Japanese work culture is a subject that can raise a lot of questions and concerns for foreign people. “I heard people work till they drop!” “Do you have to work 70 hours every week?” “Is it true that there are no days off?” “Are there really mandatory drinking parties?”
These questions are, to an extent, referencing somewhat extreme workplace situations. In Japan, just as in every other country in the world (except for maybe someplace like North Korea, I guess), every workplace is different. Your job and your situation will depend on a number of factors: your supervisor(s)/boss(es), the location of your office, the nature of your job, your coworkers, etc. If you’re a guy working part time for 900 yen an hour at a local convenience store, your workplace experience is, naturally, a lot different than the woman in the suit in the high-rise business building across the city.
I want to focus in on the last of the questions I posed in the introduction to this post: “Are there really mandatory drinking parties?”
The short answer to this is: “yes”.
The long answer to this is the infuriating: “it depends”.
Some companies (admittedly, not any I have ever worked for) DO have regular “parties” where their employees are all expected to go out and get fall-down drunk together. There are a number of layers to this.
1. Generally, nobody ever tells you that you MUST do something. There is just a permeating sense of: “you’d better do this and fit in with the rest of the group, or else life is going to be difficult for you in the future.”
2. Everyone drinks differently. Some people are very, very good at faking drunk. Some people can take two shots worth of beer and be red in the face. Some people can drink till dawn and be bright and cheery at work the next day.
3. Part of the reason for these drinking parties is to enhance the sense of workplace community. In some cases, this means people can get mind-numbingly drunk (or fake it very well) and say whatever they like to their bosses and coworkers. All is forgiven the next day.
Of course, just as in paragraph two of this post, these 3 points are all generalizations. Each office party is different, and expectations are different. By no means does every company follow the same “rules”, nor is everyone expected to binge drink.
Last night, my company hosted a little shindig to say goodbye to a worker who is leaving the company this month. Our goodbye party was held at a rental space near Shinjuku park, and we all gathered at about 7:15 for food, drinks, and merriment. We played a few games as a group, enjoyed some music, and consumed both food and beverages.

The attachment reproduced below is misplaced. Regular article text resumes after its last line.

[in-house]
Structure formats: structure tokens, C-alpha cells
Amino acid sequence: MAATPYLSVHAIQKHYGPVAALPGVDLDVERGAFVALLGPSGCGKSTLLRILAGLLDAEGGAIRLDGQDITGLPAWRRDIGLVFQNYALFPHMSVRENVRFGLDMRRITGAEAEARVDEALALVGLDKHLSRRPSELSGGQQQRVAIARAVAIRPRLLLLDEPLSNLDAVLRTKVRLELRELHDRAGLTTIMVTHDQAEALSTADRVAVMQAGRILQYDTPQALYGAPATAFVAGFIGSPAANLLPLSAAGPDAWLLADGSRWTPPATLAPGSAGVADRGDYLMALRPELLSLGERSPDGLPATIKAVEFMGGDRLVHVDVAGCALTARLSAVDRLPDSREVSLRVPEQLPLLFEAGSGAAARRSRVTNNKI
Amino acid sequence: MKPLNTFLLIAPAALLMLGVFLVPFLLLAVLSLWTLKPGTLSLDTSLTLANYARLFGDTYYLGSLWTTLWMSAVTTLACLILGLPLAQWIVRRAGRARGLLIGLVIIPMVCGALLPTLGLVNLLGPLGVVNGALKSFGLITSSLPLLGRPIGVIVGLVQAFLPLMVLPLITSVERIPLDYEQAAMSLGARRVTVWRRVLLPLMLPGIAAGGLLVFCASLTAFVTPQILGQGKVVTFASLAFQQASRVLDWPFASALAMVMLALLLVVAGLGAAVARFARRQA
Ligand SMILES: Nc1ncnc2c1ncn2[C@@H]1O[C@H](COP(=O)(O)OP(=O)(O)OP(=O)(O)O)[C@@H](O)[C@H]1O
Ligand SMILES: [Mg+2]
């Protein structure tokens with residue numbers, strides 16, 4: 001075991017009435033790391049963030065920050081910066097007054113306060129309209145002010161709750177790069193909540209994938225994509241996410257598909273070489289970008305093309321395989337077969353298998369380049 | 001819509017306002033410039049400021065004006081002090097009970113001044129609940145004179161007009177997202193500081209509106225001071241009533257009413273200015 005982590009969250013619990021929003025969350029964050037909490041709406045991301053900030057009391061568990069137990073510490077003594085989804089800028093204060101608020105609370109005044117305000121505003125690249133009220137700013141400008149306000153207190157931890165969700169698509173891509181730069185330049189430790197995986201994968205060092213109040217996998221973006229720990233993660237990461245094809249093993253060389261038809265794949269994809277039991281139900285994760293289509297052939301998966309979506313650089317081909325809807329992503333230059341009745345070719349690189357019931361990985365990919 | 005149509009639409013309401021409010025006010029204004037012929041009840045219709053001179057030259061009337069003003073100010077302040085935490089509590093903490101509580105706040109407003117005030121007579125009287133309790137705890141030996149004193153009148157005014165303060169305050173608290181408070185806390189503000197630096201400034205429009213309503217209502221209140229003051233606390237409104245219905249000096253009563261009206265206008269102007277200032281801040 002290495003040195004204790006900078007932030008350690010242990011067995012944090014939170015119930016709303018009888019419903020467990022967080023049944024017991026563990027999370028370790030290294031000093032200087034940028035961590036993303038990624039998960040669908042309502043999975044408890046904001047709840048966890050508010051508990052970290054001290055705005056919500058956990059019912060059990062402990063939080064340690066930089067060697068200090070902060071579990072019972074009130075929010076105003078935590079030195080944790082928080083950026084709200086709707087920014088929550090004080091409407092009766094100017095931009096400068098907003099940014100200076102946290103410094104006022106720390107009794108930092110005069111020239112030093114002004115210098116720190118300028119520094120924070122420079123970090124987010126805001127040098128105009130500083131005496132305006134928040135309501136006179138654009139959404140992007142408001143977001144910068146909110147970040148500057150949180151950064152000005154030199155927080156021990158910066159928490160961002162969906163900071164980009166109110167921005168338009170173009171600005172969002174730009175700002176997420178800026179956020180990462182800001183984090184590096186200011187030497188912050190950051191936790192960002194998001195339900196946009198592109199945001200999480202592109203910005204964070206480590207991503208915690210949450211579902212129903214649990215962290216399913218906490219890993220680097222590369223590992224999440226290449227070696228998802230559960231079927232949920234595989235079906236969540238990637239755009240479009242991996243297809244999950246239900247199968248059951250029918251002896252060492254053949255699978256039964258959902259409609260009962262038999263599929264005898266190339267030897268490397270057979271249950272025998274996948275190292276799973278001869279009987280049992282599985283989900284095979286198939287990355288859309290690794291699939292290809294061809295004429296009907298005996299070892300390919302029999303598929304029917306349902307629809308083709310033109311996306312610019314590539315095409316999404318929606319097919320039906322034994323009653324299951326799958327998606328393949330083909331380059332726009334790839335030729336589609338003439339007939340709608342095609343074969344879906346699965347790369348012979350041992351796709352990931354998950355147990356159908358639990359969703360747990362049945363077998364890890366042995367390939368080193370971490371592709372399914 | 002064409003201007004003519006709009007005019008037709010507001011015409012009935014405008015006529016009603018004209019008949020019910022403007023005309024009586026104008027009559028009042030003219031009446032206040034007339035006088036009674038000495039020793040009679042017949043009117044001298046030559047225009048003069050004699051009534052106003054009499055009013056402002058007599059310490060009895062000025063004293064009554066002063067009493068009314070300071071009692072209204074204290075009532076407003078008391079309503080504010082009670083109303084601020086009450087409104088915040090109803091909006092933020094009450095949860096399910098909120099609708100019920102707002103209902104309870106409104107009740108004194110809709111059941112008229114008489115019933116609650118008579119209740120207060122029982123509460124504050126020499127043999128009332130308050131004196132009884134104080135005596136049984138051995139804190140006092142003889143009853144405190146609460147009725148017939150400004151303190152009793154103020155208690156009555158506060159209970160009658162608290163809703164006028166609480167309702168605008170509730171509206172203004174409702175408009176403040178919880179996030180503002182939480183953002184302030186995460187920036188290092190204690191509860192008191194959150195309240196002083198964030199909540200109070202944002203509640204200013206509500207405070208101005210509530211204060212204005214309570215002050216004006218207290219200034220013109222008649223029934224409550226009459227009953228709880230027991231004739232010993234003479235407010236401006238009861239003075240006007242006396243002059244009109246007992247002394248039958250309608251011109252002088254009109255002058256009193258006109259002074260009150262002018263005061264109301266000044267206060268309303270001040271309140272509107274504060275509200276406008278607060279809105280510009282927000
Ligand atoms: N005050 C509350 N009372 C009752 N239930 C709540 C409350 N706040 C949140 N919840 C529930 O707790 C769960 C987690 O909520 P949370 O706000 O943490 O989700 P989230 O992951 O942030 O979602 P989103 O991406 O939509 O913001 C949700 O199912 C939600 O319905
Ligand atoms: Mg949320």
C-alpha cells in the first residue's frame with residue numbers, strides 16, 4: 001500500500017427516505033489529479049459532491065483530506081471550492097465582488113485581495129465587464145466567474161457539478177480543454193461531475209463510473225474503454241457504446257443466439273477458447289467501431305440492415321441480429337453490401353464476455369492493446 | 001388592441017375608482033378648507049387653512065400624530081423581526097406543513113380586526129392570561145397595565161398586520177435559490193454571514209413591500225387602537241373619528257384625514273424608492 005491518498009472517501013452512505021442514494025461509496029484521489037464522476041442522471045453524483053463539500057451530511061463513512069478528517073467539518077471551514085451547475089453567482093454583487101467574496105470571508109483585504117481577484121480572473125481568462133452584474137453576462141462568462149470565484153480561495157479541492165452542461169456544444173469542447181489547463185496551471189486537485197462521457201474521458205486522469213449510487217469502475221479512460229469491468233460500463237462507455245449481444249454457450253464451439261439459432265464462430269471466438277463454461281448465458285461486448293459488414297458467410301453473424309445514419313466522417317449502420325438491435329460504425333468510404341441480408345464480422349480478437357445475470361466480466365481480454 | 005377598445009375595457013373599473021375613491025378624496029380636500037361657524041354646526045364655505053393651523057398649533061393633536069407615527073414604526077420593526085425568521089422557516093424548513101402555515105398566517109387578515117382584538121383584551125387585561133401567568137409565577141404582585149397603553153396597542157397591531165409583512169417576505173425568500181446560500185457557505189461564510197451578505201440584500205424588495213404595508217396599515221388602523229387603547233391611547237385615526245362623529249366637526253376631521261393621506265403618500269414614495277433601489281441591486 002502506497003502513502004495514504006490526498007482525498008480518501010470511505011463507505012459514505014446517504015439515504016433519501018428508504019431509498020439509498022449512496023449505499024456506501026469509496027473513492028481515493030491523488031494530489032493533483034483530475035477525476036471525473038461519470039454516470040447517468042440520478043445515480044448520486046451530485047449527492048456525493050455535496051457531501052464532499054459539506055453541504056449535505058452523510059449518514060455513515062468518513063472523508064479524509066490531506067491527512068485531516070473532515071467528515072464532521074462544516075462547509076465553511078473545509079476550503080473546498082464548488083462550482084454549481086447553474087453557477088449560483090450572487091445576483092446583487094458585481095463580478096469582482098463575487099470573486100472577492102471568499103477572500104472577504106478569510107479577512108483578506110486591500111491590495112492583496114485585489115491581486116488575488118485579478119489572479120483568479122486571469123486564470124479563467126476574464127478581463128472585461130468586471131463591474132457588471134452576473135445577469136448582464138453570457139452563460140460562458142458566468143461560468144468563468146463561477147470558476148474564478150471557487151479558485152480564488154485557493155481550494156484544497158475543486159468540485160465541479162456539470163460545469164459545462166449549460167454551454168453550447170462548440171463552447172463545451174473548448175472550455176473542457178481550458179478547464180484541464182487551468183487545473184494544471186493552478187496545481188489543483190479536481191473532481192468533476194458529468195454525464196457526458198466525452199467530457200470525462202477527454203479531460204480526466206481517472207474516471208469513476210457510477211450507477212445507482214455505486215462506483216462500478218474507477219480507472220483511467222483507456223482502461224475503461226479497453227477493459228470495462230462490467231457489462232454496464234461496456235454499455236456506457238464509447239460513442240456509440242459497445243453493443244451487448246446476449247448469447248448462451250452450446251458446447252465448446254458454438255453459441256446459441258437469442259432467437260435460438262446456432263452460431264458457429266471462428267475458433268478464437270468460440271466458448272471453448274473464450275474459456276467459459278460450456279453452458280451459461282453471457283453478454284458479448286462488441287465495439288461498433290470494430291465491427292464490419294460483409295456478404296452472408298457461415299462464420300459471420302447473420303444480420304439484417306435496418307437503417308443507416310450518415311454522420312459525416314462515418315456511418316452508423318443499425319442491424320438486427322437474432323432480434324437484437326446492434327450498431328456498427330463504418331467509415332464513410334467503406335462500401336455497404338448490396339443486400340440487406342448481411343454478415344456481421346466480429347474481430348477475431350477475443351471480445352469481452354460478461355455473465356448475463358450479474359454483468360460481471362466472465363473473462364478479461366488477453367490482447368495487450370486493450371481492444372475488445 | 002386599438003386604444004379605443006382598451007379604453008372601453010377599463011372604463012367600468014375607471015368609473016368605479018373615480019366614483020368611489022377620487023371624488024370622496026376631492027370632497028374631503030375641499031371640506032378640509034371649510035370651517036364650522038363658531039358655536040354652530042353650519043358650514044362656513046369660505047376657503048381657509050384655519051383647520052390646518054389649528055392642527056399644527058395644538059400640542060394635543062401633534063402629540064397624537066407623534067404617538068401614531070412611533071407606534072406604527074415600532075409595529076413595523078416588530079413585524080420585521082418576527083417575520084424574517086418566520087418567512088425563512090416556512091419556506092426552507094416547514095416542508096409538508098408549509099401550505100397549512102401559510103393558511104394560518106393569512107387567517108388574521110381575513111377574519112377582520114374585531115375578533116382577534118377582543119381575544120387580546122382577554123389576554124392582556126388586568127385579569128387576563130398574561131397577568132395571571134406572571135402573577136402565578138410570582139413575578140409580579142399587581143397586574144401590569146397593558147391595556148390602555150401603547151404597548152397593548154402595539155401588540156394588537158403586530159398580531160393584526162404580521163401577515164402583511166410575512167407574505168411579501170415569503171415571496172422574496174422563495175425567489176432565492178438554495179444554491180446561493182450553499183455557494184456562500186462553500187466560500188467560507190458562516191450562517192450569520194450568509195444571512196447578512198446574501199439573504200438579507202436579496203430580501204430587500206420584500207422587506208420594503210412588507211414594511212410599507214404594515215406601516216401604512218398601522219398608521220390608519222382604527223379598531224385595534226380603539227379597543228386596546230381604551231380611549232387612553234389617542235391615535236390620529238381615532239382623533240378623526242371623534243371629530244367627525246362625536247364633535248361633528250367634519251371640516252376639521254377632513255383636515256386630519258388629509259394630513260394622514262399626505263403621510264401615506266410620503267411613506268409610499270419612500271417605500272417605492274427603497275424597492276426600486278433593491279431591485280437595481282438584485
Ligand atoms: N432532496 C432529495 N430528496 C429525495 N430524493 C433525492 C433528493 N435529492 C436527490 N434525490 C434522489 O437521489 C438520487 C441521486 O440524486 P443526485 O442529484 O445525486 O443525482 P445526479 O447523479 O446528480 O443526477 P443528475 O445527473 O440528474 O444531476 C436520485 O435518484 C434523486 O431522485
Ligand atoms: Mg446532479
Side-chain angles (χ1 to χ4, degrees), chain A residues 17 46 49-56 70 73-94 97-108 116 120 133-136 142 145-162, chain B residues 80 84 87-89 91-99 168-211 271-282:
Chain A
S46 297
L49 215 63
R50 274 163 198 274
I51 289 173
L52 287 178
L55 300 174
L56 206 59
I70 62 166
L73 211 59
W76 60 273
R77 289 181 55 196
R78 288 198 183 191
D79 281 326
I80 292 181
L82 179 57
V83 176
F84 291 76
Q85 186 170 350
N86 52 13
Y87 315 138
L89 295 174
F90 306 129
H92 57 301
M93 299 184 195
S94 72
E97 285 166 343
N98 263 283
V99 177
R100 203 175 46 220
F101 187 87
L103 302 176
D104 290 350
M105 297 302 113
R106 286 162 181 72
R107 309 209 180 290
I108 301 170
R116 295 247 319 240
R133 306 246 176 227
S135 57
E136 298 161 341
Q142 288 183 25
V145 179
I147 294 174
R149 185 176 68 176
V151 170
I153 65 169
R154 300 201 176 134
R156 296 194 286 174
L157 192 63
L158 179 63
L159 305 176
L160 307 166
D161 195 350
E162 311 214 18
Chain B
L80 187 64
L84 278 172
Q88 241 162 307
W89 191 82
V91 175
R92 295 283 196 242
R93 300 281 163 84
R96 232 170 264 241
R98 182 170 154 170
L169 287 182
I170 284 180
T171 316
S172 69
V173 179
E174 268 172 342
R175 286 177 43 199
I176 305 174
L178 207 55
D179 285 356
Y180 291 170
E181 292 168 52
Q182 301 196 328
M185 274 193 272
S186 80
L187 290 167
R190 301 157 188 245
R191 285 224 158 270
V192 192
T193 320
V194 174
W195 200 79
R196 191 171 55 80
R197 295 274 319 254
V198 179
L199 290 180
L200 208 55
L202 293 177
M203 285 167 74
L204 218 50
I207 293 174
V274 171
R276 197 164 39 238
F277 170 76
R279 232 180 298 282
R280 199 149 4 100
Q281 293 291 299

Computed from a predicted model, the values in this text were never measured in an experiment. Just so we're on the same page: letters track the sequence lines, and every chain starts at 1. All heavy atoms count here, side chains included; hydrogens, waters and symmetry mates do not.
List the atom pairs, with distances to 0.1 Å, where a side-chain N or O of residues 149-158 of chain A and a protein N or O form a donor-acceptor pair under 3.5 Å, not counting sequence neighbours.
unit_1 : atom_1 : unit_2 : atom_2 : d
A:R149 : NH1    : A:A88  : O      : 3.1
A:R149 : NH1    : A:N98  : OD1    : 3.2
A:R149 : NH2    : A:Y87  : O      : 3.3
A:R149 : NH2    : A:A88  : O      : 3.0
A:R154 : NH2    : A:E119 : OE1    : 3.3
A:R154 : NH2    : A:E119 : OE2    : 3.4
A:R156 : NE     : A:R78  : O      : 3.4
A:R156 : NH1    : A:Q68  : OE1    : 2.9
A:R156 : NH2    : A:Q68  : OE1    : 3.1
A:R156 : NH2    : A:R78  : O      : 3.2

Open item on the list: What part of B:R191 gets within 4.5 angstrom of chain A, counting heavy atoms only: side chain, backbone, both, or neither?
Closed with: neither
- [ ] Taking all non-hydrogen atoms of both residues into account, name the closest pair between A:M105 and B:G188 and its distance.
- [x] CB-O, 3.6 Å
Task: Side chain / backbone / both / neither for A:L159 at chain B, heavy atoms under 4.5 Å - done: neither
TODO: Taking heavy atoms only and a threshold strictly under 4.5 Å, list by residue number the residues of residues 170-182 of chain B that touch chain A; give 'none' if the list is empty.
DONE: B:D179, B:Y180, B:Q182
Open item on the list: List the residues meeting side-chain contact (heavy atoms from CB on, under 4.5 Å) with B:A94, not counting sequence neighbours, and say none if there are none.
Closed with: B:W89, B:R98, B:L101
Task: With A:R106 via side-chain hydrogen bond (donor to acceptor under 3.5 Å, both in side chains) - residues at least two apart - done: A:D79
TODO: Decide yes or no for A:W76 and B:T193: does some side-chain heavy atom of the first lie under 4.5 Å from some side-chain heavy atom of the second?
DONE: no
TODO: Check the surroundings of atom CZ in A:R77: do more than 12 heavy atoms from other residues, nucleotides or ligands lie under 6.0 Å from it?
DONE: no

As some readers know, I work for a beer importer. Of course, that means the alcohol flowed freely. One of the games (participation optional) was a “how fast can you drink this beer” game. See Exhibit A: Office Drinking Competition (via Vine).
One guy had it done in about a second. Nuts.
Participation for this drinking game was, for the most part, voluntary. Some people were teased into joining, but anyone who did not want to participate could opt out. The same went for this Gangam Style dance-off, where the winner took home a bag of 10 beers.
Beverages other than alcohol were available – soft drinks, juices, and water were all acceptable. You might have even spotted a few kids running around in the background of those videos – they had to drink SOMETHING.
In sum, consider office parties in Japan the same way you would any other aspect of life; it all depends on the situation.
What’s your work party situation like? Do you even go out with your coworkers? Is it a culture of drinking and debauchery, or gossipy lunches and relaxed afternoons? Do you think you could ever work at a place where “mandatory” drinking parties were the norm? It’s easy to want to say “YES THAT SOUNDS AWESOME” when you’re a college student buying the cheapest alcohol you can find. The idea of your boss taking you and all your coworkers out for free drinks sounds fantastic, right? Just imagine doing that regularly for the rest of your life. The fun wears off quick. I don’t think I could do it. Could you?